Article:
The first communication I received was a link to a blog that was exploring different Timestomping methods using the Windows Powershell and the timestomp utility I mentioned in my talk.  There is some great research and concise info about manipulating timestamps.  The link was sent to me as a “Hey, this guy was able to modify the $MFT, and you said that couldn’t be done”   Well, sort of. What I’m saying is that the $File_Name attribute can’t be modified by anything known, the blog above proves my point. Manipulation of the $Standard_Info attribute is, dare I say, easy?, at this point.  The second set of attributes in the $MFT is still untouched by timestomp, powershell, perl scripts….anything.  By comparing the two you can see the changes made to the system by these measures.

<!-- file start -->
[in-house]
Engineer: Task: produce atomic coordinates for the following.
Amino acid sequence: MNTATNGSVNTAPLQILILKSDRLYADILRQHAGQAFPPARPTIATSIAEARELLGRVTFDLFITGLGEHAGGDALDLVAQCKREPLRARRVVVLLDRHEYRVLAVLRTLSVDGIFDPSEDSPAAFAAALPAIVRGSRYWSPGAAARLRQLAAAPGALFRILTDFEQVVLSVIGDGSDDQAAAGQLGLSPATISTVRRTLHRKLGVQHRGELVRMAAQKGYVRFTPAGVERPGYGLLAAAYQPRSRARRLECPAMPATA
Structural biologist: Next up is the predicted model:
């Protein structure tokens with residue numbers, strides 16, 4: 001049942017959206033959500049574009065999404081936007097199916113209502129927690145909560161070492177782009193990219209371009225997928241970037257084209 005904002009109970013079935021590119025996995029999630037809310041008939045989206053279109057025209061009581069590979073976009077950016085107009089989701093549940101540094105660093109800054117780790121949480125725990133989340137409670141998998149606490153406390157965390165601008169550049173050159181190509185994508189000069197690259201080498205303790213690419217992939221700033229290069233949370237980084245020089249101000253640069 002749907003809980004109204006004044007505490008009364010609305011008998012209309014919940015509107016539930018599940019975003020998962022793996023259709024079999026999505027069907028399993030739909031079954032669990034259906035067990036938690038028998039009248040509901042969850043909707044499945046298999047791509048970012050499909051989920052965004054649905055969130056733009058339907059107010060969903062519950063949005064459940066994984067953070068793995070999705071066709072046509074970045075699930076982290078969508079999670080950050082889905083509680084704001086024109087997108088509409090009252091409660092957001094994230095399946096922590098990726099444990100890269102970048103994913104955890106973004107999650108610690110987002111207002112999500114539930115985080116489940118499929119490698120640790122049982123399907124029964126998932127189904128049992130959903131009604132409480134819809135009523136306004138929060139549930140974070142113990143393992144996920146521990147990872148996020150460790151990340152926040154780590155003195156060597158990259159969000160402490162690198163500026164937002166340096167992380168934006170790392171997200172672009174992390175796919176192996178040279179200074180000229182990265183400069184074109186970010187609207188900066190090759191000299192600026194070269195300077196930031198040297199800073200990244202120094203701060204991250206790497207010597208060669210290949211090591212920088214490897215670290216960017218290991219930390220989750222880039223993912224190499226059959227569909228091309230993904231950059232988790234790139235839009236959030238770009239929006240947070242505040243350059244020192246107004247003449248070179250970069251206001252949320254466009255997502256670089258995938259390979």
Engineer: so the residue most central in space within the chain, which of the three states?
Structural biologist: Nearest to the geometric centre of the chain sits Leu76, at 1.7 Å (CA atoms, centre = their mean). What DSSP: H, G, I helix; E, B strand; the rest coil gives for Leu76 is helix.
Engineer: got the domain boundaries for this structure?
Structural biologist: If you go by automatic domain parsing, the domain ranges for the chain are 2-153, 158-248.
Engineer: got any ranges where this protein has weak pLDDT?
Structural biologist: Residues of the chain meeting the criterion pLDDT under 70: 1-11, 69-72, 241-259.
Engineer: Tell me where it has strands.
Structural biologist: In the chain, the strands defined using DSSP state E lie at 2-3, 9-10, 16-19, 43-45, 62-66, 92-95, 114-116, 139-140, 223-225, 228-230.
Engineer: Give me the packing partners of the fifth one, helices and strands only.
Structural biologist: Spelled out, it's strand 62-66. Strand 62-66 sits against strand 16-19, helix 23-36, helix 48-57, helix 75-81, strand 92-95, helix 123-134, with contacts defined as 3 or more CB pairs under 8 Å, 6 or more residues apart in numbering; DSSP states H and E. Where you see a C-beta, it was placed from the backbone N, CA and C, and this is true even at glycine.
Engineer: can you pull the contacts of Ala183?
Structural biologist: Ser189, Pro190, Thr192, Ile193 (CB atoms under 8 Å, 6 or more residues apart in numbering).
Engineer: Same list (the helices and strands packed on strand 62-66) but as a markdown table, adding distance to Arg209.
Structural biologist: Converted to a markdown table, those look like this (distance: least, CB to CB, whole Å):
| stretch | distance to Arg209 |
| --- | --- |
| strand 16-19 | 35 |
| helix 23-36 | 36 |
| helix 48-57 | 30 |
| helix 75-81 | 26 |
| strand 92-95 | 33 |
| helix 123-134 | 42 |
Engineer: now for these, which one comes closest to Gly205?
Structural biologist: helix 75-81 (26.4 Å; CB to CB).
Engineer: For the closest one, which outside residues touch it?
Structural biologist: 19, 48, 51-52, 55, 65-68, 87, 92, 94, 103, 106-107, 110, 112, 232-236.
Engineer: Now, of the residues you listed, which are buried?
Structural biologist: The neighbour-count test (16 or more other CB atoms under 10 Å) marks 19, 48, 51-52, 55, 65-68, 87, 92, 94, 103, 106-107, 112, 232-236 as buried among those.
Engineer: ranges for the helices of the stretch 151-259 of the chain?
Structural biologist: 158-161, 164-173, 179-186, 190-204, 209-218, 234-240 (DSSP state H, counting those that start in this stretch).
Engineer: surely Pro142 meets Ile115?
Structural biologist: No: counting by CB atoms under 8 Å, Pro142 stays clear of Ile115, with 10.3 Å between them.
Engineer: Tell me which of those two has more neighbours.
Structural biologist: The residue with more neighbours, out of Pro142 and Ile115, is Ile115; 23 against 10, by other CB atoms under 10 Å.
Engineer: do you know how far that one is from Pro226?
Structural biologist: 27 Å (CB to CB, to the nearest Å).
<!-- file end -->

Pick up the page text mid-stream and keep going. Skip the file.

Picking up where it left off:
Directly after the talk I was approached by two Chinese gentleman that had a number of questions about trying to modify the $MFT with a kernel mode driver. I asked, “Why, what are you working on?” They replied with a smile and said “nothing”.  This is DEFCON after all.  This is certainly an interesting project but one that would require extreme caution. Modifying the $MFT on the fly could be extremely detrimental to a system. Move the file table entries by one block and you just turned your system into a brick.   Not to mention that you would gave to query a protected file, make the change, leave the sequence number undisturbed and release the $MFT before the system itself tried to write to it again. Past experience suggests that you have 10 – 15 milliseconds to perform these actions.